The European Union has traditionally been a very important market for the reptile trade. We all think of Germany, of course, but all the other countries have a strong appeal for traders, both legal and illegal. As the EU and National regulations became tighter (a process still going on), the illegal trade in turtles has grown, calling higher attention from several Law Enforcement Agencies throughout Europe. This has resulted in a number of seizures: although a complete picture is difficult to put together, information gathered by the writer point to an average of 2000-3000 specimen per year from 2005 to 2008.
However, this is surely a broadly underestimated figure. We can split the European illegal turtle trade in two main typologies: 1) high-volume smuggling of low-valued species (mainly Testudo ssp.), and 2) smaller batches of highly-prized tortoises and turtles. A typical 1) case involves the shipping of 300-1200 tortoises (T. graeca sensu latu, T. hermanni, T. kleinmanni at times) from circum-Mediterranean countries through Italy, France or Spain, destined for fairs and little markets with a final selling price ranging from 30 to 150€. A typical 2) case involves very small batches (single animals at times) of high-profile species clearly destined for the discerning collector. Offers known to the writer in recent times have included A. yniphora, S. leytensis and several Cuora ssp. (including an alleged yunnanensis). These animals travel mainly from southeast Asia and enter the EU through Balkan countries, being then moved by road to the final destination. In between, we have all possible variations, such as 50-100 Astrochelys radiata, Stigmochelys pardalis, Kinyxis ssp., Malacochersus tornieri etc. European Law Enforcement Agencies are now succeeding in stopping a significant part of this trade, but what happens to the seized turtles? There’s no rule here, and the situation is more complicated then it would seem at first. The main problem is that Government Officials apply laws which seldom – if ever – determine what to do following the seizure. So the batches are treated singly, and their survival and future often becomes a matter of chance and luck. Apart from any moral or ethical consideration, turtles which might prove useful for reintroduction or ex-situ projects are simply lost to “The Cause” for sheer lack of communication and coordination between authorities and the conservation world. So here we are, with a few hundred valuable tortoises potentially ready to be involved in some project: but who can we put at the receiving end? The first answer is quick and logical: those zoos and aquaria which have a growing attitude towards conservation. The problem is that the total housing capability of these facilities will never come close to matching the number of animals offered. Answer number two points to rescue centers: there are a few throughout Europe, but none – at present – seems to have the resources to successfully deal with the yearly volume of seizures. Other problems include the traditional – and not always fully justified – diffidence of officials towards private breeders: breeders which have shown a remarkable success rate in any aspect of turtle keeping, often exceeding the results achieved by institutions. Another key factor is the apparently complete lack of understanding that the time frame between the seizure and disposal is critical to the survival of the turtles: putting together a mix of T. graeca, T. hermanni and T. kleinmanni for months (or years!) in some enclosure – while waiting for the CITES papers allowing reallocation to be issued – invariably means all kinds of trouble, and most likely death for a high percentage of the turtles involved. There’s a serious question we have to pose to the government authorities: what did the legislator have in mind when they wrote the rules? Was the aim to create excessive paper work, overload police and custom officials with additional work, or did he think of animal welfare and wildlife conservation? There seems to be a disconnect between the regulations and the actual needs of confiscated animals. Simply classifying them as “seized,” and leaving them packed away as cargo is not practical, as the people who have to apply these laws on a daily basis know. So much for the problems; but what solutions can we provide, or hope for? The first need is to get a clearer picture of the seizures. Several EU countries maintain a seizure database, and/or take part in the EU-TWIX project: these sources should be coordinated as much as possible to allow info to become available to conservationists in real time. Second, national authorities should recognize the need to establish standardized procedures allowing seized turtles to be quickly transferred to the receiving subjects. Papers can wait, turtles can’t. Third, conservation NGOs such as the TSA and the European Studbook Foundation should act as an interface between the authorities and the receiving subjects; this is especially needed whenever private breeders are involved. The NGO not only creates the contact and coordinates the operation but, thanks to a very strict “code of conduct” imposed on members, prevents animals from going into improper hands once assigned to privates. The benefits of an organized studbook are well-known, and will not be discussed further here. Fourth, appeals should be sent to, and contacts made with all those European Institutions (EAZA or not), rescue centers etc. that have a potential interest in housing and caring for seized turtles. A database of potential receivers would greatly ease and quicken our job. Fifth, and perhaps the most difficult and important: every effort should be made to organize and create a high-profile European Turtle Rescue Centre. The Centre would be located in the southern part of the continent, be within the distribution area of several Testudo ssp., be near the illegal trade hotspots, be recognized by the Authorities and – especially – fully capable of dealing with a few thousand turtles a year, thus minimizing the risks of transit times and diseases due to neglect and poor husbandry. The practical implementation of these few guidelines will remove many unneeded paper folders from officials’ desks, will offer conservationist much precious material and, finally, will give many smuggled turtles a better future than what they face today.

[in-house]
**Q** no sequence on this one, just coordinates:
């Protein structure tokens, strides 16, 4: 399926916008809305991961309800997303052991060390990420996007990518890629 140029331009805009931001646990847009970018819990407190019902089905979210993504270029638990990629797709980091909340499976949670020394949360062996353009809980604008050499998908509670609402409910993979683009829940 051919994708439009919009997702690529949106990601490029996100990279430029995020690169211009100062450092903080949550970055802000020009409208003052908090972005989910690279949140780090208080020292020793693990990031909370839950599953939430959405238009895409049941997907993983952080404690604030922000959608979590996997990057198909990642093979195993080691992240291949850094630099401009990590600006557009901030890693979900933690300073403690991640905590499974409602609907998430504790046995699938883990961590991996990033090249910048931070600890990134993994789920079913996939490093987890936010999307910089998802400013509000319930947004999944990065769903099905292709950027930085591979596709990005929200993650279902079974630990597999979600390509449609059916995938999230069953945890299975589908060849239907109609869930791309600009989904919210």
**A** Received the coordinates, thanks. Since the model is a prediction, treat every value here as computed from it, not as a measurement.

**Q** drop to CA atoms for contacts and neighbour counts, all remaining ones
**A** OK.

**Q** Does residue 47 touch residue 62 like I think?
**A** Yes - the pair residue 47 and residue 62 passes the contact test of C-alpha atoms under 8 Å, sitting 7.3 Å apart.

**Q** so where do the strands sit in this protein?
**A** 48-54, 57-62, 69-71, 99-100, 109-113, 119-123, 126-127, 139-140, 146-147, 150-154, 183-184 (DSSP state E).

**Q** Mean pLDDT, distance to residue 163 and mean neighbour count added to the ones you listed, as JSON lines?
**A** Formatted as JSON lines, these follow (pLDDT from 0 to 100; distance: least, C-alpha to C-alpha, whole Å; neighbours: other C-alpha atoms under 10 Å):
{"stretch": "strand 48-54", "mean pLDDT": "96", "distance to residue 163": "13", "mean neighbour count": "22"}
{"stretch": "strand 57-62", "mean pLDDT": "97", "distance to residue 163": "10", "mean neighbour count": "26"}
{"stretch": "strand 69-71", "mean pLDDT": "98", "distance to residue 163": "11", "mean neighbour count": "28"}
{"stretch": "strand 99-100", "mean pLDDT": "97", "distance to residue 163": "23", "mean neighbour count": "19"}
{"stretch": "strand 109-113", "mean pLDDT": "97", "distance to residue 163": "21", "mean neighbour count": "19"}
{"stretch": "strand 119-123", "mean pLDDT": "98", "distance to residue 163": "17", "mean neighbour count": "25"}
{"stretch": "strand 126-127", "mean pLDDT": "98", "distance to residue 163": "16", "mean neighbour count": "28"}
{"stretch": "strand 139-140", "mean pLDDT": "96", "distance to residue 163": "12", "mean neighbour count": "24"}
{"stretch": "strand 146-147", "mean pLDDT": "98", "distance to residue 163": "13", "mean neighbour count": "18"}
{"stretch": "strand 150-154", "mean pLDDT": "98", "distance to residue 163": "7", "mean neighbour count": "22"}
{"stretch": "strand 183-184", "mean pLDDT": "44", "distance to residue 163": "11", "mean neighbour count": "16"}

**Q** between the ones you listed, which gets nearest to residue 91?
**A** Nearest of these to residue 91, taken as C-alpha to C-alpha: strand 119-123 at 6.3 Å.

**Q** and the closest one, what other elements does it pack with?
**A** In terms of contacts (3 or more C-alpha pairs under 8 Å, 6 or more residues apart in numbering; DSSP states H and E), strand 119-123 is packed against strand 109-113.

IUCN/TFTSG – TSA Europe
Chair TSA Europe
Chair European Studbook Foundation
Assistant Curator Reptiles and Amphibians Rotterdam Zoo